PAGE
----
Being an Olympic year there is a lot of discussion amongst the sporting fraternity with respect to maximizing athlete performance. Sporting commentators are constantly covered in the media talking about the importance of managing a training and competition schedule to maximise the chances of success and the mental skills training necessary to have an athlete confident and motivated going into London. There is a lot of buzz about performance.
One of the most basic aspects of elite performance is preparation. It is basic because everyone understands how important it is to be prepared in terms of performing well.. don’t they?
An Olympic year is an opportune time to look at why preparation is important. It is not uncommon to see gifted and talented athletes not preparing well enough physically and mentally for competition, and as a result their performances are often inconsistent. Their lack of quality preparation is not a function of laziness or arrogance, but rather often related to the fact that they don’t fully understand why preparation is important.
Good preparation is important for a number of reasons. First, as most would understand, it prepares the body for competition by making it fit enough and strong enough to perform. Preparation also prepares the body in terms of being able to handle repeat performances, and recovering from niggling injuries. Second, preparation gets the mind ready for competition and all that competition might throw at it. More specifically, it prepares the mind to be focused, confident, and calm.
If the body is not fit enough and strong enough to do what it needs to do in competition then performance will be hindered. There is no way around it. If the training is not done then no amount of confidence or self-belief will replace it. Preparation in the form of quality training is imperative. Simply put, if you choose not to do the hard work then don’t be surprised or upset when you don’t perform at your best.
Preparation in the form of being organised and structured is also important for the body to handle the rigours of performance. Active recovery, ice-baths, stretching, triggering, and all of the other small, but important things must be done if the body is going to be ready for repeat performances at the highest level. So, preparation in the form of having the facilities, time, and resources set up to do these small things also becomes critical. Doing all of the training, performing well and then not being able to facilitate recovery at a major event is a sure way to underperform.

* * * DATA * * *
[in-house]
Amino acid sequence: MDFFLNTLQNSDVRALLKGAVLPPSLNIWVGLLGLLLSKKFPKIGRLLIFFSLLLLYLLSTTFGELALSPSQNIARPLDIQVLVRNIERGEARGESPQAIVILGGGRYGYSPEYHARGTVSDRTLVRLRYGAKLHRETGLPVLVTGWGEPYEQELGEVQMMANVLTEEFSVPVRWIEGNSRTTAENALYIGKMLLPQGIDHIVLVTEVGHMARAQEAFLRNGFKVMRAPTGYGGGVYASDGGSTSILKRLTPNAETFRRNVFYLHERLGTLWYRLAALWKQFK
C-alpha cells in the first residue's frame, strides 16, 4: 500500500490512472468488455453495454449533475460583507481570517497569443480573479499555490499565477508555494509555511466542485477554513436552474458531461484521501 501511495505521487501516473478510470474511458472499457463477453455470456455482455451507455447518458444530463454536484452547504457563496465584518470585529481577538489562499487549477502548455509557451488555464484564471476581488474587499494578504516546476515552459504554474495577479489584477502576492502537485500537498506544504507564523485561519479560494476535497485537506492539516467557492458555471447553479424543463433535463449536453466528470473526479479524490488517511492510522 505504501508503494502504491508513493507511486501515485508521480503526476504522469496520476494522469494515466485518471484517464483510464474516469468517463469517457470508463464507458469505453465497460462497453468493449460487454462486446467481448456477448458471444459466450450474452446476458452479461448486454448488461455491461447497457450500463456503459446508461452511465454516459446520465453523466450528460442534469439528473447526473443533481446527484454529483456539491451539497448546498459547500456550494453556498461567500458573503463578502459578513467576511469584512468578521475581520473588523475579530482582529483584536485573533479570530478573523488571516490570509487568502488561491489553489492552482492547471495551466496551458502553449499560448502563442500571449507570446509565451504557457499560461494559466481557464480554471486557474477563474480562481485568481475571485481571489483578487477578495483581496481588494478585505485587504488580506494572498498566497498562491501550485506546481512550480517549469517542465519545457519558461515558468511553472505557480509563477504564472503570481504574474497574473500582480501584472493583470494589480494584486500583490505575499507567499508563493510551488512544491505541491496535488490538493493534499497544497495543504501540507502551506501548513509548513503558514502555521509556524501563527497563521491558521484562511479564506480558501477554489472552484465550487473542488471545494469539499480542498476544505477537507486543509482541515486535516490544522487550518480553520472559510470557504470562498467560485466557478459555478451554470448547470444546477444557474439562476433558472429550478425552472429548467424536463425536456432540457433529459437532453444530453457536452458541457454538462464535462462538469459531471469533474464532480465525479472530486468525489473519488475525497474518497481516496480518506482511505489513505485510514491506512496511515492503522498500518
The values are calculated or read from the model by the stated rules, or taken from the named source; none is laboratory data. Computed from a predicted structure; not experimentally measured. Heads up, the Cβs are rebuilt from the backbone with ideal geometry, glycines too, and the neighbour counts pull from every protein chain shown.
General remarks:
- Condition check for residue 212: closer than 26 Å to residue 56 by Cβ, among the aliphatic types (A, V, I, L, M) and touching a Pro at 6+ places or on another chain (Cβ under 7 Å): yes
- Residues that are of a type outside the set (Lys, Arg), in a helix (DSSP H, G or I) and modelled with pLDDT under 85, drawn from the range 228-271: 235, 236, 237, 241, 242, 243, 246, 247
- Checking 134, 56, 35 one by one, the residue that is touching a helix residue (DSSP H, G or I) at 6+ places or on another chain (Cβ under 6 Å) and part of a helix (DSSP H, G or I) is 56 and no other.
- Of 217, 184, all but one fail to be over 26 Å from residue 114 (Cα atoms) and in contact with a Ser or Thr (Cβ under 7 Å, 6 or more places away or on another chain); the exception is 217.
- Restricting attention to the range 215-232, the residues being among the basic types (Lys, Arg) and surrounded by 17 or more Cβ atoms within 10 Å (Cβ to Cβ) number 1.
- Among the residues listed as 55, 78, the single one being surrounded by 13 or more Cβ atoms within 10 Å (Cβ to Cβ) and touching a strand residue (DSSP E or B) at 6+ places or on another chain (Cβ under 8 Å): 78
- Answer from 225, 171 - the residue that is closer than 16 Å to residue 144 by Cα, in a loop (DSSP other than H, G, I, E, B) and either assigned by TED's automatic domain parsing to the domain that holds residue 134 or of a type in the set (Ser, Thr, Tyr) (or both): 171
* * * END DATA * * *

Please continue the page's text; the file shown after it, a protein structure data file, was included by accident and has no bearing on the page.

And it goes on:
Methodical preparation is crucial in terms of confidence and self-belief. One of the major sources of confidence an athlete (or a non-athlete) can draw upon is good preparation. Athletes compete much better when they know they have done the work and they know their bodies are ready to do what is required.
Preparing well must include performing the physical movement that the sport involves. A lot of this has to do with acquiring the skill to the point where it is near automatic. An equally important part is that the mind learns how and where to be focused during the event so that performance can be maximised. For example, a rower can be tall and strong and achieve great ergo results but if they don’t know what to focus on and when during a race, their mind will be all over the place resulting in poor performance. A golfer can stand on the range and hit perfect ball after perfect ball but until they get out and play on the course, their mind won’t be truly trained to focus on the right things at the right times.
As a result of good physical and mental preparation the mind can be more calm and in control during competitions. When an athlete feels they are prepared, they are ready for whatever the event will throw at them, and they believe they can perform well then the mind is clear and calm.
The Mental Notes Consulting team specialises in helping athletes compete at the peak of their capabilities. We have a range of skills and tools designed to help athletes feel focused, calm, confident, and ready to compete. They are very effective and essential for athletes who want to be competitive in their sport. However, something as simple as being prepared and organised can also help to make the difference between good athletes and great ones.
Matt Ahlberg | Sport & Exercise Psychologist MAPS